In other domestic news, about a week ago I sowed sunflowers, coriander, chives, swan plants, basil, spinach, capsicum, zucchini, iceberg lettuce, roma tomatoes, cherry tomatoes, pansies and pansies. All in biodegradable peat pots, carefully tucked into a mini greenhouse. A week later, the spinach and lettuce seedlings are up, and the sunflowers are starting to show themselves.
(Description: seed trays in tent-like greenhouse, about 60cm wide by 50cm deep by 1m tall)
I am looking forward to spring.
The Misses Nine burst out of school in a great state of excitement at the start of the year. Their friend’s guinea pig had babies and they were very cute and they needed homes and please, mum, please.
“Ask your father,” I said.
Their father likes to think that he’s firm and fair and loving with the girls. Mmmm…. whatever. He said yes.
Miss Nine the younger had fallen in love with one wee pig, called Dot, so we agreed that she could have Dot, and Miss Nine the elder could have one of the same sex – we don’t want to have proliferating guinea pigs. So a week or two later, home they came.
They’re small and brown and very cute. Dot has numerous cowlicks, and a small white dot on her nose. Tim has smoother fur, and she has a white “T” on her face. Yes, that name is challenging, genderwise, but we’re getting used to it.
The guinea piglets themselves are fun, but what I am enjoying most is seeing my little girls take responsibility for them. The girls are very conscientious about cleaning out their hutch, and feeding them. Every morning before school they pick a big handful of grass, and check that the piglets have enough water. In the evening they refresh the piglets’ hay, and give them some more food pellets, and chop up some fresh vegies for them. We’ve found that they like broccoli stalks, but not broccoli heads, that they’re not so fond of brussels sprouts, but they love apples and carrots. A couple of times a week, the girls clean the hutch out thoroughly, and replace all the bedding and hay.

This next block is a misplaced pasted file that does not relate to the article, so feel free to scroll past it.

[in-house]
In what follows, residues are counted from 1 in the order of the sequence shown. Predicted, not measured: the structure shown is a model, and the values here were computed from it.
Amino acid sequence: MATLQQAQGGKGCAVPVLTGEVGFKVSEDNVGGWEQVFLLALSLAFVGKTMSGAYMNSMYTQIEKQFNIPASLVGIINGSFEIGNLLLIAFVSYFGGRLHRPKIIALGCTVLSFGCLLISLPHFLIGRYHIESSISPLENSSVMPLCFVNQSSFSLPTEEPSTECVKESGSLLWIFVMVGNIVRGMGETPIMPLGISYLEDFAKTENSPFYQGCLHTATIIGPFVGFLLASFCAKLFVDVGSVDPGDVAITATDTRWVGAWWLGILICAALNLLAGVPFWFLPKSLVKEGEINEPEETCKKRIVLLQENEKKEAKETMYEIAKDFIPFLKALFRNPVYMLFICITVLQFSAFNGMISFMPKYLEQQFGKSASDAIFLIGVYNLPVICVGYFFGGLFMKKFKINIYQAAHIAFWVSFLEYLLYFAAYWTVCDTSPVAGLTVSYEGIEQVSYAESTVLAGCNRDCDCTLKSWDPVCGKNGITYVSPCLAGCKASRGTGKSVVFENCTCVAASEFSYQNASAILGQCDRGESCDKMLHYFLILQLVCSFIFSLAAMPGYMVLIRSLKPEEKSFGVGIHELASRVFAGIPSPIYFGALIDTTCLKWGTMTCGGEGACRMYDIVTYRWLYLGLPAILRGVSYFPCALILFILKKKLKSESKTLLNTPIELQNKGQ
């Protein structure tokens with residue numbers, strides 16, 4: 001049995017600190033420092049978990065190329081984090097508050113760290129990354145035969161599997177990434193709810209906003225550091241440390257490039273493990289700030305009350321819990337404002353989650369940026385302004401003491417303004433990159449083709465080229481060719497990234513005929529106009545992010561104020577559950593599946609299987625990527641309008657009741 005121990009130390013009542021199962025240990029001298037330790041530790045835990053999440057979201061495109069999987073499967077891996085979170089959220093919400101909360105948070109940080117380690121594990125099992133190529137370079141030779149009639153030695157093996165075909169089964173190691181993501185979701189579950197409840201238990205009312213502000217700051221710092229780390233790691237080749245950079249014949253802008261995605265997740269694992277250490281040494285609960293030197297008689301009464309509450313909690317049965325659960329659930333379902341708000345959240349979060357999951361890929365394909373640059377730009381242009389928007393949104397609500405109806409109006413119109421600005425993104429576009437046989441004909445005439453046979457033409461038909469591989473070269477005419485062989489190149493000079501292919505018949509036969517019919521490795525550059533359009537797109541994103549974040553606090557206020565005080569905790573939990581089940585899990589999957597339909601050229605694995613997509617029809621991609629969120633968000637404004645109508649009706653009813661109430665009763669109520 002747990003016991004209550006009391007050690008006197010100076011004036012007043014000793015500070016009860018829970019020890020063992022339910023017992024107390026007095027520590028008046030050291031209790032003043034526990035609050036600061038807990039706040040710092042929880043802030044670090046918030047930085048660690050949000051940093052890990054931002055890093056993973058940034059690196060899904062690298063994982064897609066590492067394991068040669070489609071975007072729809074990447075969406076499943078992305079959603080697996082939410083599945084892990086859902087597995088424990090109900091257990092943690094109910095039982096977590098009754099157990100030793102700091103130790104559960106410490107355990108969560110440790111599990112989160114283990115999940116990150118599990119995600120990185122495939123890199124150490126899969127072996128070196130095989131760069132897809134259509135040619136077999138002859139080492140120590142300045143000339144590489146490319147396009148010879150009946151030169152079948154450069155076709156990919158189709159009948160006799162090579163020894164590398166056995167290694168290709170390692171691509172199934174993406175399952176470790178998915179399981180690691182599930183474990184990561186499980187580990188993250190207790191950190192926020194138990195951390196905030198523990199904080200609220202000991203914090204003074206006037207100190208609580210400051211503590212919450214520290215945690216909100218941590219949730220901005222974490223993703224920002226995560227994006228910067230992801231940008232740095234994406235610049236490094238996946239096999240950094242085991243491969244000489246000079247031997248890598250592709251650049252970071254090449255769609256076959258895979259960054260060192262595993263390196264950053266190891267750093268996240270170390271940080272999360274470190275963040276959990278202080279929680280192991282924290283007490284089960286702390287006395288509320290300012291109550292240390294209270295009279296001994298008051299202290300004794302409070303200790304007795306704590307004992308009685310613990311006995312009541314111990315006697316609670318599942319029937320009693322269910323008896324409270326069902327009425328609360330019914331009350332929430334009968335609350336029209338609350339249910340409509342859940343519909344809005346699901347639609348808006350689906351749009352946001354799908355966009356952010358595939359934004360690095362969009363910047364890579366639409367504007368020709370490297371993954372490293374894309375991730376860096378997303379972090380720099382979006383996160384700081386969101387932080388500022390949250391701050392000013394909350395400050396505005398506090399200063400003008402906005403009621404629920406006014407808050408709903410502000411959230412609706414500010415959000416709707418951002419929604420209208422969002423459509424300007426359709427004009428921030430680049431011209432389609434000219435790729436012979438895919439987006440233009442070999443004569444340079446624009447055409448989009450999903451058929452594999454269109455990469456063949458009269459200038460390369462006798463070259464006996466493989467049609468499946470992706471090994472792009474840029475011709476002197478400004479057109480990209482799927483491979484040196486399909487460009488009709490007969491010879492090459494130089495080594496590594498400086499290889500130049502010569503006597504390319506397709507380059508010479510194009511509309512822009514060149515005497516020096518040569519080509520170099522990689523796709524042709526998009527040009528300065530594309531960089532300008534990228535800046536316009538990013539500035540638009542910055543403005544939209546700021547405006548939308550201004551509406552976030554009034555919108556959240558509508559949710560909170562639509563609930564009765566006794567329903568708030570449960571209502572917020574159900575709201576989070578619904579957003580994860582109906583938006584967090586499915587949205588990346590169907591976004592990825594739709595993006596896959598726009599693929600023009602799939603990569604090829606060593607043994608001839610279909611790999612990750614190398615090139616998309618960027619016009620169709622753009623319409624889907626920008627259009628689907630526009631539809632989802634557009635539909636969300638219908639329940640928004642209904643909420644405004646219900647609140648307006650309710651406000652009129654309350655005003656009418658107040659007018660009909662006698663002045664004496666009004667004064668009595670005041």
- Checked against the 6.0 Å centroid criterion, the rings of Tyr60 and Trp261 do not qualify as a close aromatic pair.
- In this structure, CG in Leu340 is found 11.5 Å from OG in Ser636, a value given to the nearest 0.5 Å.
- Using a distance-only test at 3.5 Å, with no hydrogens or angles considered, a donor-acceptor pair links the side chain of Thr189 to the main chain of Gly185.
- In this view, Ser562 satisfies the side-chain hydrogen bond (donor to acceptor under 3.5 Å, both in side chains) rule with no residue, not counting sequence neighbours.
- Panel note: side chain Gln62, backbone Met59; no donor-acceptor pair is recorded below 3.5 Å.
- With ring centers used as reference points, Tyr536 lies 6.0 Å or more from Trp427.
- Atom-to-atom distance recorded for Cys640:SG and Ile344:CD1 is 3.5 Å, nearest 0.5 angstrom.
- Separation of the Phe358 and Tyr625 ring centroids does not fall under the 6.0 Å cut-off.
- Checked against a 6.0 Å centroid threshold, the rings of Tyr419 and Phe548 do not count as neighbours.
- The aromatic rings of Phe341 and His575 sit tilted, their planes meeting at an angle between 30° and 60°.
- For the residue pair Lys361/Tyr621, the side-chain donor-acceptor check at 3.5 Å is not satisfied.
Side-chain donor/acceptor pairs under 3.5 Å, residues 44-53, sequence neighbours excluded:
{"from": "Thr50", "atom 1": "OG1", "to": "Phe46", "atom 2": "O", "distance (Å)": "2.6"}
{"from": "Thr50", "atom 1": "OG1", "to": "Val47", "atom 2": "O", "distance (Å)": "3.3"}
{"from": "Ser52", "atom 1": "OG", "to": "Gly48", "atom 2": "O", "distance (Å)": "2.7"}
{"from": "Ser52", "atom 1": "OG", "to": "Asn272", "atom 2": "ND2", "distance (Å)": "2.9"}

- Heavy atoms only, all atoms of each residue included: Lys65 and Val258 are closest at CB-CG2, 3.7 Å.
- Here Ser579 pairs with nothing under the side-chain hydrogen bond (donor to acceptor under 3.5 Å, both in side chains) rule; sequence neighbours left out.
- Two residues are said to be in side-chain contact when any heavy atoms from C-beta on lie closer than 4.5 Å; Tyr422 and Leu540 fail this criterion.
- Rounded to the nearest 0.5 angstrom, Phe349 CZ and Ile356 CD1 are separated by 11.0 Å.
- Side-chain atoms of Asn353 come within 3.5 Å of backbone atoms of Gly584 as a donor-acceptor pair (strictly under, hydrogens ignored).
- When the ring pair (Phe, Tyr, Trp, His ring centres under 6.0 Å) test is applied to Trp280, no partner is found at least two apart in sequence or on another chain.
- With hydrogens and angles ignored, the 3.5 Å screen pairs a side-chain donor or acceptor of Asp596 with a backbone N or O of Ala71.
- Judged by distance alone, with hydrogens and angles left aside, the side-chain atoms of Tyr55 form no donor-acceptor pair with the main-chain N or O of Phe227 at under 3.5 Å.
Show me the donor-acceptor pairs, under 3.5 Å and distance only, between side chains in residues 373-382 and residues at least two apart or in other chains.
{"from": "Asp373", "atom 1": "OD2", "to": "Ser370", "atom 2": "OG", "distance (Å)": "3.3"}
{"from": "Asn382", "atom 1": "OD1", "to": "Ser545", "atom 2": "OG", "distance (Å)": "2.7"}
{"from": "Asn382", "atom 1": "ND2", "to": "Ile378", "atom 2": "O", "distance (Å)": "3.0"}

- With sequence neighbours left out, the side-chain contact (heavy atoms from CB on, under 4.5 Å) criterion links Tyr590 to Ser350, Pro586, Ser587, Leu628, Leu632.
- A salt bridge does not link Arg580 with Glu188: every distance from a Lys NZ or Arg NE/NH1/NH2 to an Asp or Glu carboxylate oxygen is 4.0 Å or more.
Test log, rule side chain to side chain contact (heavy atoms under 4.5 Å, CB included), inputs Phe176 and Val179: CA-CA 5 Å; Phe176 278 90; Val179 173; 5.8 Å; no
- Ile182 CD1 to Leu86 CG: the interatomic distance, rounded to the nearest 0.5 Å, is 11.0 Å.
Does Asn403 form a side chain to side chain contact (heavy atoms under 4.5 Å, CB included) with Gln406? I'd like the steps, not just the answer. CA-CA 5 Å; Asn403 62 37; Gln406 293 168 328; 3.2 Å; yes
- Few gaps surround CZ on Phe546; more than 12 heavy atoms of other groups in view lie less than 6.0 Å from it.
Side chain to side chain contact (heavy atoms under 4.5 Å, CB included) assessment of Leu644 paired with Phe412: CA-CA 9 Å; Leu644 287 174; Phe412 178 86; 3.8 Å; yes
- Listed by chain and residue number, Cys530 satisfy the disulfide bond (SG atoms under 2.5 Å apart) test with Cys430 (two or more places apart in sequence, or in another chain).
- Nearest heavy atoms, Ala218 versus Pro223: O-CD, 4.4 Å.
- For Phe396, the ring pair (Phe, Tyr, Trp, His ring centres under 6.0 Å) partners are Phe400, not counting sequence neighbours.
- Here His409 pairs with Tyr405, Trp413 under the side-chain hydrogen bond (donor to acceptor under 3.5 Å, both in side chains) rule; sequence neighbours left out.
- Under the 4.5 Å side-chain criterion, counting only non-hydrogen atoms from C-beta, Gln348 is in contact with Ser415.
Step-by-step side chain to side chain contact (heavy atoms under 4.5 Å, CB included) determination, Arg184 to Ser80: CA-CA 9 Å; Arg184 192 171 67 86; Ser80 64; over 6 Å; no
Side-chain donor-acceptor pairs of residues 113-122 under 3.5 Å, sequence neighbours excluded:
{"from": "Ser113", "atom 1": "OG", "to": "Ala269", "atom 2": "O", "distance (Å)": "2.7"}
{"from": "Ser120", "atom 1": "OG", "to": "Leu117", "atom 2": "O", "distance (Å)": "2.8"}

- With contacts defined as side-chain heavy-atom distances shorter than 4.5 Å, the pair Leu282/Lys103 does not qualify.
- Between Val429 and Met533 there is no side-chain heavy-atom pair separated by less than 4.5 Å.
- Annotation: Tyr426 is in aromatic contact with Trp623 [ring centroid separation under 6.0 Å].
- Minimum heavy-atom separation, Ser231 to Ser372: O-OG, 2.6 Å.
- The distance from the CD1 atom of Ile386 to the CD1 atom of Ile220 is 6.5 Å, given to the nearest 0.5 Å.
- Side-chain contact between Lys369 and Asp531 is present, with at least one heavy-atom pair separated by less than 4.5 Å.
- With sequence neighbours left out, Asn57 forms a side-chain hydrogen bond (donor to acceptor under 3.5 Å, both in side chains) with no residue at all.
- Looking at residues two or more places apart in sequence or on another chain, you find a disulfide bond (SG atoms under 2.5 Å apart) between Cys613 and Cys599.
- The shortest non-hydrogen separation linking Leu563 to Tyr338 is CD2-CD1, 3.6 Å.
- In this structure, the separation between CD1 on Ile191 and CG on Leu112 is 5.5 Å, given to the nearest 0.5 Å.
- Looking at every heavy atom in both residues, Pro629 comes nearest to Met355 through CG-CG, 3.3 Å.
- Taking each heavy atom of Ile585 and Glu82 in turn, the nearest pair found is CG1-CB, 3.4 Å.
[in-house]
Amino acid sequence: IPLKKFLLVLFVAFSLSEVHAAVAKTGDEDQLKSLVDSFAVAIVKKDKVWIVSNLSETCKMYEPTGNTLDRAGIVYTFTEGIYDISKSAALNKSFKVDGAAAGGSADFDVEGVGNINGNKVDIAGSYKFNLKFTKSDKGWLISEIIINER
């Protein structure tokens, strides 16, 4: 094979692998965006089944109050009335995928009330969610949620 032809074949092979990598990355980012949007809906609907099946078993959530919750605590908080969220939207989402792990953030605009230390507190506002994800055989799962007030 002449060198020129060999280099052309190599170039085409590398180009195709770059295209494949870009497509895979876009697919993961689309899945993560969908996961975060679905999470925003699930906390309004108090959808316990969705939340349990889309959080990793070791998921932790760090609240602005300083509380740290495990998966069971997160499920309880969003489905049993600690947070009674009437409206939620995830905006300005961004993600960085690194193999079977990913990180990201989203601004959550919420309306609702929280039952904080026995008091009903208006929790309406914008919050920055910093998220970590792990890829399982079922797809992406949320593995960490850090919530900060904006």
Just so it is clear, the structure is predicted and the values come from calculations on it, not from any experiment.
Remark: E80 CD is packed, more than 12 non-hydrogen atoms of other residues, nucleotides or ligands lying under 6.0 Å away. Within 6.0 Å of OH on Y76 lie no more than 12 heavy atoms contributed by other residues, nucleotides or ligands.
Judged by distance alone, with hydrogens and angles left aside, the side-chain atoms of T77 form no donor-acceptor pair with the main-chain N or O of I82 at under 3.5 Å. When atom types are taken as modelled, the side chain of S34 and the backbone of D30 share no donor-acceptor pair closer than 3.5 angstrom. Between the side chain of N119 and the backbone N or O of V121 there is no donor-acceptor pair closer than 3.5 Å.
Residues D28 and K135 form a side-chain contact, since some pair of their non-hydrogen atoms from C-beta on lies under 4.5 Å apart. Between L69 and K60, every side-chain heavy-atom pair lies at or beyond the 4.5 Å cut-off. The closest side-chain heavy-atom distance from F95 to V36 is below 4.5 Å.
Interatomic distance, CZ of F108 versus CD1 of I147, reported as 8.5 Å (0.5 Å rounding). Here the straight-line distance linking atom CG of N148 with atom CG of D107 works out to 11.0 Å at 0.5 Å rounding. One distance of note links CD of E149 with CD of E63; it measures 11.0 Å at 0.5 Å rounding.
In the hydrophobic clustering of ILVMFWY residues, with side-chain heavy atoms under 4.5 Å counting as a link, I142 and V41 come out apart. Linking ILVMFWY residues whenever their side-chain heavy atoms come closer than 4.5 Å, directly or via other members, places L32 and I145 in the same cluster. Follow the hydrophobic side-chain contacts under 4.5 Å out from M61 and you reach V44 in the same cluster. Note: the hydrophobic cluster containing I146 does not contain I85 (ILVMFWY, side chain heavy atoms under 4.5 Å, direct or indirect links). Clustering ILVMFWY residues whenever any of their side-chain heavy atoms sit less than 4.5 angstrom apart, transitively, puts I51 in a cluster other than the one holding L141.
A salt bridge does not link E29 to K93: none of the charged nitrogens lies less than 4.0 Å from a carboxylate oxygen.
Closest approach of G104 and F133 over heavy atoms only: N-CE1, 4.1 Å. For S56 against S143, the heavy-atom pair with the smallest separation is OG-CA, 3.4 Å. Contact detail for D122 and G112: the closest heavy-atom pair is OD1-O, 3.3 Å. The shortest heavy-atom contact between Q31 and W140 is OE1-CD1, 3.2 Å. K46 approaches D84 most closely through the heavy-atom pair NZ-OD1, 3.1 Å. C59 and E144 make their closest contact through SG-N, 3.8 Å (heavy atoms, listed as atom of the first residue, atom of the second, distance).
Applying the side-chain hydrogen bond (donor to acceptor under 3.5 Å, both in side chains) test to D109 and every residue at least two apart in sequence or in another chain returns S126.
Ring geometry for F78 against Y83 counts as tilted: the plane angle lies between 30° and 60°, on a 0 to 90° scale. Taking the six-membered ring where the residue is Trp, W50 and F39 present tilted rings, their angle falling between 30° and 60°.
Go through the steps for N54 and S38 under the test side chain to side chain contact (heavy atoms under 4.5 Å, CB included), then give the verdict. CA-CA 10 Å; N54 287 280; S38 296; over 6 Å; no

But even better, they are actively concerned with the little creatures. They worry about their comfort, and cuddle them close, and speak lovingly to them. My girls have always had a fair amount of concern for other people and other creatures, but they seem to be learning how to translate that concern into positive action, thinking about what the piglets might need, and working out how to meet that need. And they have something small and cute and furry to love.
Dot and Tim send a snuffle and a squeak to Cardamom and Pepper.
In usual fashion, just as my garden is starting to look lovely, we are pulling up our roots, and moving house. The wrench is not too painful this time: I am glad to be heading home. But among the sadnesses of leaving Adelaide is the loss of our garden.
It took me a long time to get into gardening mode here. Gardening is soul restoring, but I have been rather unhappy during my time here, and that unhappiness has made it hard for me to push myself to get started on anything much. But the girls and I got a few things established, and this spring has been a delight, as we have watched a succession of blooms appearing.